At the 2011 Los Angeles SlutWalk, the self-proclaimed ‘male feminist’ Hugo Schwyzer gave a charismatic speech on the subject of ‘the myth of male weakness,’ claiming that men’s self-control does not at all depend on how much skin a woman is showing. Two years later, following a slew of revelations concerning extra-marital relationships with porn stars, students, and other individuals, Schwyzer’s entire reputation lies in tatters, precisely on account of his weakness, a weakness abetted by its public denial. At the very time of his speech, he was having a relationship with a student who he declared made him ‘weak with lust’. Later, Schwyzer admitted that he was purposefully telling women what they wanted to hear to get their affirmation, painting an unrealistic picture of men’s power of self-control in the process.
While the notion that men can control their lusts singlehandedly appeals to those who are appalled by the notion that women should be expected to make allowances for men’s weaknesses, or take any responsibility for helping and encouraging them to exercise control, it is not in fact true. Schwyzer’s isn’t the only tragic and repeated failure on account of a very male weakness to have been played out before our eyes recently. Anthony Weiner’s mayoral campaign, dogged with very public accounts of his sexting and infidelities on and offline, ended yesterday with a lost primary and a flipped bird through a car window. Last week we also heard the incredibly tragic revelations of Robert F. Kennedy’s failed struggle with lust and adultery that in all likelihood ultimately led to his wife’s suicide.
One of the things that all of these figures have in common is the lack of many of the restraints that save many of us from facing the full force of the power of lust within our lives. As charismatic and influential public figures, many young and attractive women gravitated to them, many of whom were proactive about encouraging them to commit adultery. Many of us are profoundly thankful that we don’t have to face such temptations.
Most men’s internal restraint against the full force of sexual temptation really is naturally very weak. This is a fact that we all need to be much more open and honest about. Developing such restraint is very difficult and will typically depend greatly upon external obstacles or restrictions or self-imposed limits for holding things in check.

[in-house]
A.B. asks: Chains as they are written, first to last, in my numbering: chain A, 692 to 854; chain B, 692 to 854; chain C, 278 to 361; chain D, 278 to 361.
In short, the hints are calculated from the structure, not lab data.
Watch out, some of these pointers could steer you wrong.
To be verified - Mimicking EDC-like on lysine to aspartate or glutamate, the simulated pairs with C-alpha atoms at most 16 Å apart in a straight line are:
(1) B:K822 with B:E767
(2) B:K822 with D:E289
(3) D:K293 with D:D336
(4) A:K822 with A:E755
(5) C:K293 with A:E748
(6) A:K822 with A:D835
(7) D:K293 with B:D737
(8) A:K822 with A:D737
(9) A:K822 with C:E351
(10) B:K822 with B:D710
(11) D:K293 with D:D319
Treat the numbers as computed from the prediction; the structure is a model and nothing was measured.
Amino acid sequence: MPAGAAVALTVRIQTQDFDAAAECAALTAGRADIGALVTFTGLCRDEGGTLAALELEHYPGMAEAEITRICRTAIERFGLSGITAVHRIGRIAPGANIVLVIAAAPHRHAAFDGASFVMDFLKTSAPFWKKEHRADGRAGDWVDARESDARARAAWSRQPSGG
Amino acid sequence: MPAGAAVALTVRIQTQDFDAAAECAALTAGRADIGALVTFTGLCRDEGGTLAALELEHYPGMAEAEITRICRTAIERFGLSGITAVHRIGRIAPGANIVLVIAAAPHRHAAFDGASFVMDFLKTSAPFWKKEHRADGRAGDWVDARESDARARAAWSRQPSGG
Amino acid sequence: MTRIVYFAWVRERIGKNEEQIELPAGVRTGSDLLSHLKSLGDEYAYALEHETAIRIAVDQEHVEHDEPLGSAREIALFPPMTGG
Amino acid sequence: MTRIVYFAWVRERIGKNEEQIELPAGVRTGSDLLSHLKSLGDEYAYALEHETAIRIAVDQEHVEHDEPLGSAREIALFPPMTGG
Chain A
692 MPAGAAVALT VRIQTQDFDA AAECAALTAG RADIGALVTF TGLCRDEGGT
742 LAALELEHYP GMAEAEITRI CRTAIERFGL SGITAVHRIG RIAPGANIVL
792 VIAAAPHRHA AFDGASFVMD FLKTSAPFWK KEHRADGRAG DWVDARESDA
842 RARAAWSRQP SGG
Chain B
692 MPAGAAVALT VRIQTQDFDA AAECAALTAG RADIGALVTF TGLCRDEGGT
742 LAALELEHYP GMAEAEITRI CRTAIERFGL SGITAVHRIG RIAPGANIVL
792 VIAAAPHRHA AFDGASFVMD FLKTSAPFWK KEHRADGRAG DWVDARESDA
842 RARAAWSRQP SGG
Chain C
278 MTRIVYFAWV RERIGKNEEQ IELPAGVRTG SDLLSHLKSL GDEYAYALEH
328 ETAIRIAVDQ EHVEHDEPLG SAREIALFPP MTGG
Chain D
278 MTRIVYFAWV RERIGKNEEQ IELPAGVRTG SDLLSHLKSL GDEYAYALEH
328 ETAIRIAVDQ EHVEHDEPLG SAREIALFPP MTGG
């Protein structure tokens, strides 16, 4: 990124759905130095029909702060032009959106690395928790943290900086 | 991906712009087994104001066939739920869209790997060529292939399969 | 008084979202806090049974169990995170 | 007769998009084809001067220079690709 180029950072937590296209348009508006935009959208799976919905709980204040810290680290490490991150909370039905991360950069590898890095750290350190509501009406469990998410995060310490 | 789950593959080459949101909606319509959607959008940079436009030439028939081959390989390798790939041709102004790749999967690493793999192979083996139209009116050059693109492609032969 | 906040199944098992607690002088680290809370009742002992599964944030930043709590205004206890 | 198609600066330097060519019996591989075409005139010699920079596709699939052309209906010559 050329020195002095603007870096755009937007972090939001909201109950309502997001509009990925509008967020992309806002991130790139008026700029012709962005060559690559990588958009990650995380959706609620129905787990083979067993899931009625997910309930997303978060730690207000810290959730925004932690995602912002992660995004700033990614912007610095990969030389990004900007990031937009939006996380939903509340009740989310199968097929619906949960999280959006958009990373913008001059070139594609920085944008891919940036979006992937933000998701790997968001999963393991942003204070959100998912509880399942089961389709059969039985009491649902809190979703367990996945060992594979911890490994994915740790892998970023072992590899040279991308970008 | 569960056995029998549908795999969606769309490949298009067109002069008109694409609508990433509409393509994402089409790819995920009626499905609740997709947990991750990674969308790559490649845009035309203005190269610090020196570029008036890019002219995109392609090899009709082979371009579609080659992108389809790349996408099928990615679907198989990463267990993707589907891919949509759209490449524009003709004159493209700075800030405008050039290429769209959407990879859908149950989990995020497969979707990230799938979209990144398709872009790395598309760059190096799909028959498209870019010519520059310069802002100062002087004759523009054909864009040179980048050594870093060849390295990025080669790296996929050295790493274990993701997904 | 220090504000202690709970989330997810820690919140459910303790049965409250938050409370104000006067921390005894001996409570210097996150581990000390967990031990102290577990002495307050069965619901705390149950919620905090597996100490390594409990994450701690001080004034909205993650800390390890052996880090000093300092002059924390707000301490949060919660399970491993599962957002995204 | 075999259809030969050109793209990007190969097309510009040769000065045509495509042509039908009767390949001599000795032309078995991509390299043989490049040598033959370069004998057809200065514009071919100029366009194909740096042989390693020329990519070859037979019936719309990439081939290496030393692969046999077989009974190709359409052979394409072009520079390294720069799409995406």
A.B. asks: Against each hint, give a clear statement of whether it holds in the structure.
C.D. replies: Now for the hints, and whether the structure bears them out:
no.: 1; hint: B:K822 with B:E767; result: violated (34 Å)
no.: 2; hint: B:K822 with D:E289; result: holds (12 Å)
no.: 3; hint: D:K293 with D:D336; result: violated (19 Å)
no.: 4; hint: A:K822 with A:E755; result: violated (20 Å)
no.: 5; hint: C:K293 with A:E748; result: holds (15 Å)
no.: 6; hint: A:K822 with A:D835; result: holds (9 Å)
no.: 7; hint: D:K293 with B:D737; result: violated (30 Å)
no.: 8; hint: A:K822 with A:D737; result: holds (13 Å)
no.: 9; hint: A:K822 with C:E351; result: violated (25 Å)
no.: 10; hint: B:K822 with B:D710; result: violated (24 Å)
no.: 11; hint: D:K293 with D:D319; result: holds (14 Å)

There are natural external constraints that exist for many, such as lack of available interested women or the harsh consequences of such indulgence or infidelity. There are also motivators against, such as love for wife and family, or moral or religious principle. However, without constraints, these motivators can be weak in the face of immediate temptation. Men in positions of extreme power have many of the natural external constraints removed so, unless they develop new ones, will often fall prey.
Porn is an increasing problem in the digital age, as the external constraints that used to make it easier to keep things in check are removed and sexual sin is offered in a way that is free, anonymous, and readily accessible. I am sure that if you were to ask most users of porn about their relationship to it, I suspect that most would recognize that their use of it is driven by weakness in relation to their lusts. It is used on account of compromised and weakened agency, less on account of a pure choice.
Self-control and willpower alone aren’t solutions. Effective solutions in these areas must recognize the weakness of men and propose ecological solutions. Accessibility to porn may need to be restricted. Accountability structures may need to be set up. Openness is necessary. The man will need to get to know his weaknesses, recognize when they are most exposed and avoid such situations when at all possible. When he cannot do that, he must consider ways to deal with them in such situations.
We do no one any favours when we perpetuate the myth of male strength, not least ourselves. For most of us, the ability to control ourselves—and, yes, it is possible to control ourselves—comes only to the extent that we realize that we don’t have supernatural powers of will and that we can’t do these things effectively alone. Rather, we need to set ourselves limits, so that we aren’t exposed to an extreme dose of temptation. We need constantly to remind ourselves of our values and commitments, develop structures of accountability, practice openness, commit ourselves to alternative practices, identify different outlets for our drives and healthy ways of dealing with frustration, etc. We need to know our weaknesses and develop methods for dealing with them. It is possible to fulfil our responsibility to control ourselves, but we might need some help along the way.